Which, you know – seems less than ideal when you’re going into a price war with an expensive new product that probably won’t qualify for Federal tax incentives … especially when your stock’s already cost investors billions, you’ve preemptively cancelled your top-shelf product lines, and you’re shedding established industry partners left and right.
More to Come
During Tesla’s Q4 2022 earnings call, company executives explained the company would, “be working to cut costs from every angle.”
It’s expected that, as Tesla reduces costs and (it hopes) demand soars, the company will turn to pressuring its suppliers as another way to reduce costs. Dan Sharkey, an attorney Tier 1 and 2 automotive suppliers and co-founder of Brooks Wilkins Sharkey & Turco, maintains that suppliers are already struggling, and the coming price wars will bring even more tough times to suppliers in 2023.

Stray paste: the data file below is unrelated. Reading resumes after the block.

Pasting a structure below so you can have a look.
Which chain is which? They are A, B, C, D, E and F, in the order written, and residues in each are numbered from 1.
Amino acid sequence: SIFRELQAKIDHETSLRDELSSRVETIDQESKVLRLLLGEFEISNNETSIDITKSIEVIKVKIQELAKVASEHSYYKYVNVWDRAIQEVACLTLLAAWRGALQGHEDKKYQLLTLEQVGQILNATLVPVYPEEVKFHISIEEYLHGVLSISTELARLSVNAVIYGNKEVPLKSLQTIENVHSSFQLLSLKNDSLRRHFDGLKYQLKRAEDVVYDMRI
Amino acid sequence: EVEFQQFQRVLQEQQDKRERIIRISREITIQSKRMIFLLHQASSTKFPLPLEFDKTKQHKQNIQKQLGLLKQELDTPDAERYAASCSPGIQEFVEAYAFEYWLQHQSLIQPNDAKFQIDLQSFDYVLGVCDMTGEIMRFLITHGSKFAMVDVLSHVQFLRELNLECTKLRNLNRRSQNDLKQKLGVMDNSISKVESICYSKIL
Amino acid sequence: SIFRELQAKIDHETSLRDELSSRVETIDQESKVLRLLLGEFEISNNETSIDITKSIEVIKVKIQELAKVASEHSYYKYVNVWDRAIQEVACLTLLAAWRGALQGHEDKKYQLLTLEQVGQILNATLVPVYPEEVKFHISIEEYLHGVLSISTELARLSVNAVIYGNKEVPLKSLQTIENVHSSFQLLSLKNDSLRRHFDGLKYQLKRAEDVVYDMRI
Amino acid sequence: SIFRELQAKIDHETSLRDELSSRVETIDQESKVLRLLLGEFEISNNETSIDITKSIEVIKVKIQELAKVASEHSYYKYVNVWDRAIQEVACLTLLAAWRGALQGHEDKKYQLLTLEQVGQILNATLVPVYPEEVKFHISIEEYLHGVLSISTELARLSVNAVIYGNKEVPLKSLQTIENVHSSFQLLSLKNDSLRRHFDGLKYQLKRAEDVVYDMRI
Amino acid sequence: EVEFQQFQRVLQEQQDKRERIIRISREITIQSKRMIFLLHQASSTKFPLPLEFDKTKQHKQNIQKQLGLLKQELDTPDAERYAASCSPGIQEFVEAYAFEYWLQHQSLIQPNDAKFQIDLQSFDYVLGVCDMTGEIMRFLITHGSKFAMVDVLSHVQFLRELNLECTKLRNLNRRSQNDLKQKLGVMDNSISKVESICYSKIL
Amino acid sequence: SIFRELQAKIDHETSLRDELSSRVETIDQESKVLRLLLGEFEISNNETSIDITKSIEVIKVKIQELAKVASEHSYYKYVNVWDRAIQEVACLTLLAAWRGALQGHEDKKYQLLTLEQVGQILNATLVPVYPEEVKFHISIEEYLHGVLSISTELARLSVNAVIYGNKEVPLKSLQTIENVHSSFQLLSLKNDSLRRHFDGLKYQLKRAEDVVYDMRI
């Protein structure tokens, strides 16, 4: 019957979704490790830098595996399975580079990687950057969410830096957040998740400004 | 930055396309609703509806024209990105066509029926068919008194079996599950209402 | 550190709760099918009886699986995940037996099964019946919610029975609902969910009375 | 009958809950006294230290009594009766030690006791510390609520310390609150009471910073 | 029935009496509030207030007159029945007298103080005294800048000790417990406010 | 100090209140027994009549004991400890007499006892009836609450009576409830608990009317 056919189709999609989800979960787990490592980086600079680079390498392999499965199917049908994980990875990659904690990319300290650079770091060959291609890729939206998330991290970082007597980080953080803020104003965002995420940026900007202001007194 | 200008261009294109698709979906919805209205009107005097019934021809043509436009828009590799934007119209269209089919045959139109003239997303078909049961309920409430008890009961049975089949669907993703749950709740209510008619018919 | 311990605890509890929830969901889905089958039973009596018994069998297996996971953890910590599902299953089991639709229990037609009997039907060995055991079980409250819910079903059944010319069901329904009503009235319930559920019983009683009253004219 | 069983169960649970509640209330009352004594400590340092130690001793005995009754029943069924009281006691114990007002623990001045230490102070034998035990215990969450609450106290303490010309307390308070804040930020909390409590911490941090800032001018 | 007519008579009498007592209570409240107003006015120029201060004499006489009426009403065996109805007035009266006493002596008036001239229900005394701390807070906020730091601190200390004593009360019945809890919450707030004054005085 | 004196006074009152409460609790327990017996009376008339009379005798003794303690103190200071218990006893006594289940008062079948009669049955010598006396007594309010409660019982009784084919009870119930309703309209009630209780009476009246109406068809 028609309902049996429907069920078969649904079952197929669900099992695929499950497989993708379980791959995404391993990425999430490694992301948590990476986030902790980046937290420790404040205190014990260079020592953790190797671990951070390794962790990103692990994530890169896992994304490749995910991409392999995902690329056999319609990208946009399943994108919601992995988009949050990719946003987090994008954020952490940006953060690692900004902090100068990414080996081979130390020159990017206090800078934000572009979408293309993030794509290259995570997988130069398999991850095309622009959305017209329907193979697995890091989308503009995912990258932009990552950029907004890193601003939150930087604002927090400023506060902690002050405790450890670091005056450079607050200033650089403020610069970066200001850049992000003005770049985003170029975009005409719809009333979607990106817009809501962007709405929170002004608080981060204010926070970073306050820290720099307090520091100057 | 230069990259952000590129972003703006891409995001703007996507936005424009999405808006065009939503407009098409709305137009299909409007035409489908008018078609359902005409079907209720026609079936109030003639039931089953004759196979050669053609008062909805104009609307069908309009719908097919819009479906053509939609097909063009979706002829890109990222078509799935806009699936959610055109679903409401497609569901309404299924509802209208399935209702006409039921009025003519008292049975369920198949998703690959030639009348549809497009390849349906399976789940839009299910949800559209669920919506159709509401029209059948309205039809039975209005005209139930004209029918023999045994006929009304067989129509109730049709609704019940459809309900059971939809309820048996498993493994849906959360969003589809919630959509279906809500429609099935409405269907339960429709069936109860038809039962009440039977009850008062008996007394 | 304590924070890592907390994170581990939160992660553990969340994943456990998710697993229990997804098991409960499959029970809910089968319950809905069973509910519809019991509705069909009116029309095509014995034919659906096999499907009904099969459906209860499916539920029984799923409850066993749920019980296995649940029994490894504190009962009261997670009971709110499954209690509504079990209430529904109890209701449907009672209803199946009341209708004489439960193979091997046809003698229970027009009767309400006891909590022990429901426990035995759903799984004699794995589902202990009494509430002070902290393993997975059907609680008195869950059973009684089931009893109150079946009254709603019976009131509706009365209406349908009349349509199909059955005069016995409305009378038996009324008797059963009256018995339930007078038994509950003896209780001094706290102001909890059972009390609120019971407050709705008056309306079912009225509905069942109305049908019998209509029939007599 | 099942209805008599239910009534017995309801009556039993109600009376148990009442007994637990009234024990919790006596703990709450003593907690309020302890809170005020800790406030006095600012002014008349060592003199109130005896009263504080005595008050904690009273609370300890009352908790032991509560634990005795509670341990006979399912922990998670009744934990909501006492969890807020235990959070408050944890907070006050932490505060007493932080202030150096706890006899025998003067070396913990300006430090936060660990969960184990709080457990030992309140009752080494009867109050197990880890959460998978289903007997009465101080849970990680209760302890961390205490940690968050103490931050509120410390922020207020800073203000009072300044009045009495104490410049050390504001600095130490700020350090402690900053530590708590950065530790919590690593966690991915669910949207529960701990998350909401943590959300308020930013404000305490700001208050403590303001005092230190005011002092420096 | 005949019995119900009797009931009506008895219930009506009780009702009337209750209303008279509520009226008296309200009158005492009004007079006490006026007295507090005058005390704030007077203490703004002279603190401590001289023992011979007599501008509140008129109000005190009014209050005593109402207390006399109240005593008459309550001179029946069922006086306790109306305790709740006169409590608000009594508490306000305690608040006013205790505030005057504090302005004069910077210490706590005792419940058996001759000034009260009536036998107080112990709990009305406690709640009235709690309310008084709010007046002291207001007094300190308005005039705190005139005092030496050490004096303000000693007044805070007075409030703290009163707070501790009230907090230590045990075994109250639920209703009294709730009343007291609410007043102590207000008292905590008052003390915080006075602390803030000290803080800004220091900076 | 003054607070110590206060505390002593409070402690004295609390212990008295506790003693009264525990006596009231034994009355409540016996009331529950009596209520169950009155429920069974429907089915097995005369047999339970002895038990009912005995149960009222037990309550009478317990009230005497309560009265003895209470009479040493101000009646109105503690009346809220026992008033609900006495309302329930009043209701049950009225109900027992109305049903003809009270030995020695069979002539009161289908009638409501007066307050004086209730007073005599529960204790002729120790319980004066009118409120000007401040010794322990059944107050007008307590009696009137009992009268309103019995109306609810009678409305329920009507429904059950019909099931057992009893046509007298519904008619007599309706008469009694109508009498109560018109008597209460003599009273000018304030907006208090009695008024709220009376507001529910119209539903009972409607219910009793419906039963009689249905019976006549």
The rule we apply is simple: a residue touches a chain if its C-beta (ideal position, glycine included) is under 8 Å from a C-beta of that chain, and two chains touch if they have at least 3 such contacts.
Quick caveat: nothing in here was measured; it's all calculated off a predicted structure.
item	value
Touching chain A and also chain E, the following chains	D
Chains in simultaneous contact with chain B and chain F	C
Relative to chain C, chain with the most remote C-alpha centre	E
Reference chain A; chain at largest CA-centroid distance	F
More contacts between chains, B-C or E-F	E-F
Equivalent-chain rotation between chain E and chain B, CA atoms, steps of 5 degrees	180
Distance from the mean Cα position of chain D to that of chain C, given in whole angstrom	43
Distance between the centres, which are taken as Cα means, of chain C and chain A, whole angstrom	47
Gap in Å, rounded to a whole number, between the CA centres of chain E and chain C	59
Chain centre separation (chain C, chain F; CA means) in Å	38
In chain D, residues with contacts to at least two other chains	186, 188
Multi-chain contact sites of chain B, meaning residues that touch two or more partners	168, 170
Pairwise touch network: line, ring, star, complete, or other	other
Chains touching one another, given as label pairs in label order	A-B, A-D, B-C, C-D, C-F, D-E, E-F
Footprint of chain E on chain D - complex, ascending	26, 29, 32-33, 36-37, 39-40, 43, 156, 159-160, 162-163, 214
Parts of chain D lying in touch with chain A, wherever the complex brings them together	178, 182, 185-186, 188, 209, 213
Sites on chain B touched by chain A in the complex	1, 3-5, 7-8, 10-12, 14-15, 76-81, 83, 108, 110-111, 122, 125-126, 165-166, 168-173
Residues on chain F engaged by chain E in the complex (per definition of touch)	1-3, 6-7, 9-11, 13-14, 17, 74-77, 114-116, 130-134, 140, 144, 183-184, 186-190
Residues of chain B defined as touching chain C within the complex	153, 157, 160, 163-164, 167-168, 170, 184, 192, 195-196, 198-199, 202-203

“It’s never good for suppliers when (automakers) cut vehicle prices because that pressure rolls downhill,” says Sharkey. “I never like it, because I know eventually they’re going to try to get it out of one of us … my message is, there’s not going to be any room there. Many suppliers are financially struggling.”
And, if all that seems like a lot, hang on – because this price war is just getting started.
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A used Tesla is worthless if Tesla won’t provide parts or other aftermarket services needed to support it.
Tesla has drawn the line in the sand since nearly day 1 of not selling parts for a used/out of warranty or salvaged Tesla (never mind fast charge ability).
It’ll get worse once their “integrated/structural battery” comes into play. Expect more totaled Teslas for increasingly minor accidents.